Wednesday, November 27, 2013

[Publication] Gender and Family in East Asia

Professor Siumi Maria TAM and Dr. WANG Danning from our department have co-edited a book entitled Gender and Family in East Asia with Professor Wai-Ching Angela Wong from the Department of Cultural and Religious Studies. The book is going to be first published on 4th February 2014, and is now available for pre-order on Routledge website.

Gender and Family in East Asia belongs to the Routledge Research on Gender in Asia Series, and covers a broad range of research papers on gender politics and family culture in East Asia. It is generally divided into three main sections, including Marriage and Motherhood, Migration, and Religion and Family. The details of the book are listed below.

Book Description
The on-going reconfiguration of geo-political and economic forces across the globe has created a new institutional and moral environment for East Asian family life and gender dynamics. Indeed, modernization in East Asia has brought about increases in womens education levels and participation in the labour force, a delay in marriage age, lower birth rates, and smaller family size. And yet, despite the process of modernization, traditional systems such as Confucianism and patriarchal rules continue to shape gender politics and family relationships in East Asia.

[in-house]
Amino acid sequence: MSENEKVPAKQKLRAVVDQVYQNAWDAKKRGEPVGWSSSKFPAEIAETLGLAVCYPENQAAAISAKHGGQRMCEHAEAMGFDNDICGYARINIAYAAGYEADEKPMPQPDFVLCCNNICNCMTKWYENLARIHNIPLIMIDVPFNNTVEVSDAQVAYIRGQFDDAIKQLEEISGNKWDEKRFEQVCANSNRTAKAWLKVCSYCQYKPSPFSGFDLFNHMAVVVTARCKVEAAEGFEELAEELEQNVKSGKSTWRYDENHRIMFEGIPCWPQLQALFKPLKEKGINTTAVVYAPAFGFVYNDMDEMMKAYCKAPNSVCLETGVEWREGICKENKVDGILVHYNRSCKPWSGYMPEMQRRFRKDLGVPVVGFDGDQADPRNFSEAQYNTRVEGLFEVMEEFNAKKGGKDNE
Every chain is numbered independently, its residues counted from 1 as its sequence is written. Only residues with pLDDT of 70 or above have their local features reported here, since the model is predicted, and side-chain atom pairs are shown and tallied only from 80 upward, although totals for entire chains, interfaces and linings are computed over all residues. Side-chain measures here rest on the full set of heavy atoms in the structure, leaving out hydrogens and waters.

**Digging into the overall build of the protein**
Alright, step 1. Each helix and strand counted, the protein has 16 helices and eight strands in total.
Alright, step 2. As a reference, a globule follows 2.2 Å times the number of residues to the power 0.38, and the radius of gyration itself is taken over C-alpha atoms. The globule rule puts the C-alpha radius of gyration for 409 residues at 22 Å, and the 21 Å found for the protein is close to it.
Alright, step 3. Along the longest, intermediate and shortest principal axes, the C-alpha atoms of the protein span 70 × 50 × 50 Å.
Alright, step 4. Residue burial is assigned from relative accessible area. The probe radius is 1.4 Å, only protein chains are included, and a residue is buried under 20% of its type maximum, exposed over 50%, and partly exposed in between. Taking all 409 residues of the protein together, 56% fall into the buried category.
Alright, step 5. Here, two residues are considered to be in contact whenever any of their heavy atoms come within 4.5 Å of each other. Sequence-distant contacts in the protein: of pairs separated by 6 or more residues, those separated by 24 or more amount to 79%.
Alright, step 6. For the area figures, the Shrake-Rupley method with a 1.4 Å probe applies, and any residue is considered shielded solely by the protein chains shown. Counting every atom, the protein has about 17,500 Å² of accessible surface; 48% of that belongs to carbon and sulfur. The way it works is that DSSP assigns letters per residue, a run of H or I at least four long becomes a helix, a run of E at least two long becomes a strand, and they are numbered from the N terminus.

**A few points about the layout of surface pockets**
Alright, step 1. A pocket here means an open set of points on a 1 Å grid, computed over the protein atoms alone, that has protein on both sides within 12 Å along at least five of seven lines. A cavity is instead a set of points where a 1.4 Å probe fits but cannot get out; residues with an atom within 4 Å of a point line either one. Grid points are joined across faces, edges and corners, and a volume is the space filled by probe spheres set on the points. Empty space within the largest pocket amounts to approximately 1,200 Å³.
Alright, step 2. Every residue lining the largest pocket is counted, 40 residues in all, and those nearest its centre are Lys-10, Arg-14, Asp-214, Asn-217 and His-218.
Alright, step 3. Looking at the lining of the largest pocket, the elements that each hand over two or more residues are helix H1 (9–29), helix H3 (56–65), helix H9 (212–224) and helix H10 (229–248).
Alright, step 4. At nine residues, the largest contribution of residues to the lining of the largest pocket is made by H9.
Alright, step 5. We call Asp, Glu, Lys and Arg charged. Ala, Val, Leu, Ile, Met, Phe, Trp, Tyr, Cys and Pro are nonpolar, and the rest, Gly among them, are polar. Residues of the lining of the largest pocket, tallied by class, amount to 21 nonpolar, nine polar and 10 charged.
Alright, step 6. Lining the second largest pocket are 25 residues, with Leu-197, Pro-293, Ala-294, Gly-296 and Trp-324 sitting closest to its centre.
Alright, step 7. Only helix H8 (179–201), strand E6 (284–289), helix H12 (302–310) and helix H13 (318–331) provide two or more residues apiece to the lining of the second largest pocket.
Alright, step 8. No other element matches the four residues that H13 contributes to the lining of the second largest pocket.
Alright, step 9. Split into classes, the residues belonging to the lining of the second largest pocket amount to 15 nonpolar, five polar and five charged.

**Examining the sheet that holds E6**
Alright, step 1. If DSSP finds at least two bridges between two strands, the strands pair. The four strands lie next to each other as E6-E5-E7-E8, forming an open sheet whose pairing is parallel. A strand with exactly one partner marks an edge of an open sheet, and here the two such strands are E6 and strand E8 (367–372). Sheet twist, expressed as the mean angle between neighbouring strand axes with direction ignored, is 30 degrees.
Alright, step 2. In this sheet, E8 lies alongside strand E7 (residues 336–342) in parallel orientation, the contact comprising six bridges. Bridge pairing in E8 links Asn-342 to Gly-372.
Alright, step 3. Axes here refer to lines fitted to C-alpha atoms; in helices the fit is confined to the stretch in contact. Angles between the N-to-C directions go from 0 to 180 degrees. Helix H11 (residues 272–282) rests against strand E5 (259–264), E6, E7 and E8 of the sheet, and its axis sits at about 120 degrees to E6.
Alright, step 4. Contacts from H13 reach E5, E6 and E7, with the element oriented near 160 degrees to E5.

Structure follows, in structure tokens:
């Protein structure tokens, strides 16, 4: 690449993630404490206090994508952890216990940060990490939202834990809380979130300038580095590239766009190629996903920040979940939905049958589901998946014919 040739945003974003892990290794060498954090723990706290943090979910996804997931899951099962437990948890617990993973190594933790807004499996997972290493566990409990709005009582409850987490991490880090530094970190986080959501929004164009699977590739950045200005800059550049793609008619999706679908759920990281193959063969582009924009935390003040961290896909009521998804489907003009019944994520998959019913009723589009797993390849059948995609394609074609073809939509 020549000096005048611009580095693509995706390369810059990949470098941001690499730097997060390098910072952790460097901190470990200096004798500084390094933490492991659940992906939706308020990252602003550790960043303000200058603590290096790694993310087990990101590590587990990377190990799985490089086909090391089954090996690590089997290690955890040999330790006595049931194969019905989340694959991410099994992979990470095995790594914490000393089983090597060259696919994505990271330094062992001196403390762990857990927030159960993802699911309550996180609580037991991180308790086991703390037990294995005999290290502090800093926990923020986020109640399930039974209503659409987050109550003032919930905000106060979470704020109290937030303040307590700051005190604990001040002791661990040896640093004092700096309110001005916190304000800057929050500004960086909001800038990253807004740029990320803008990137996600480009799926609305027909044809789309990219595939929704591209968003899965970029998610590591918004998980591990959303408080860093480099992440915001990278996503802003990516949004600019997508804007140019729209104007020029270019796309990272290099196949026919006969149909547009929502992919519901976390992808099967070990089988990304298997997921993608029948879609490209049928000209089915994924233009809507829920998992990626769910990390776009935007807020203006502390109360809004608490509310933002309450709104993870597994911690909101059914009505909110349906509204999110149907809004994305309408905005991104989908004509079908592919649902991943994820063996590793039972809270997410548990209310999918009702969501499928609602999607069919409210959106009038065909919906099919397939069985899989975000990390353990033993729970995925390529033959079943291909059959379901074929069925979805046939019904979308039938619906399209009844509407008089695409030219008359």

This book examines gender politics and family culture in East Asia in light of both the overwhelming changes that modernization and globalization have brought to the region, and the structural restrictions that women in East Asian societies continue to face in their daily lives. Across three sections, the contributors to this volume focus on marriage and motherhood, religion and family, and migration. In doing so, they reveal how actions and decisions implemented by the state trigger changes in gender and family at the local level, the impact of increasing internal and transnational migration on East Asian culture, and how religion interweaves with the state in shaping gender dynamics and daily life within the family.

With case studies from across the region, including South Korea, Japan, mainland China, Taiwan, and Hong Kong, this book will be of great interest to students and scholars of Asian studies, gender studies, anthropology, sociology and social policy.

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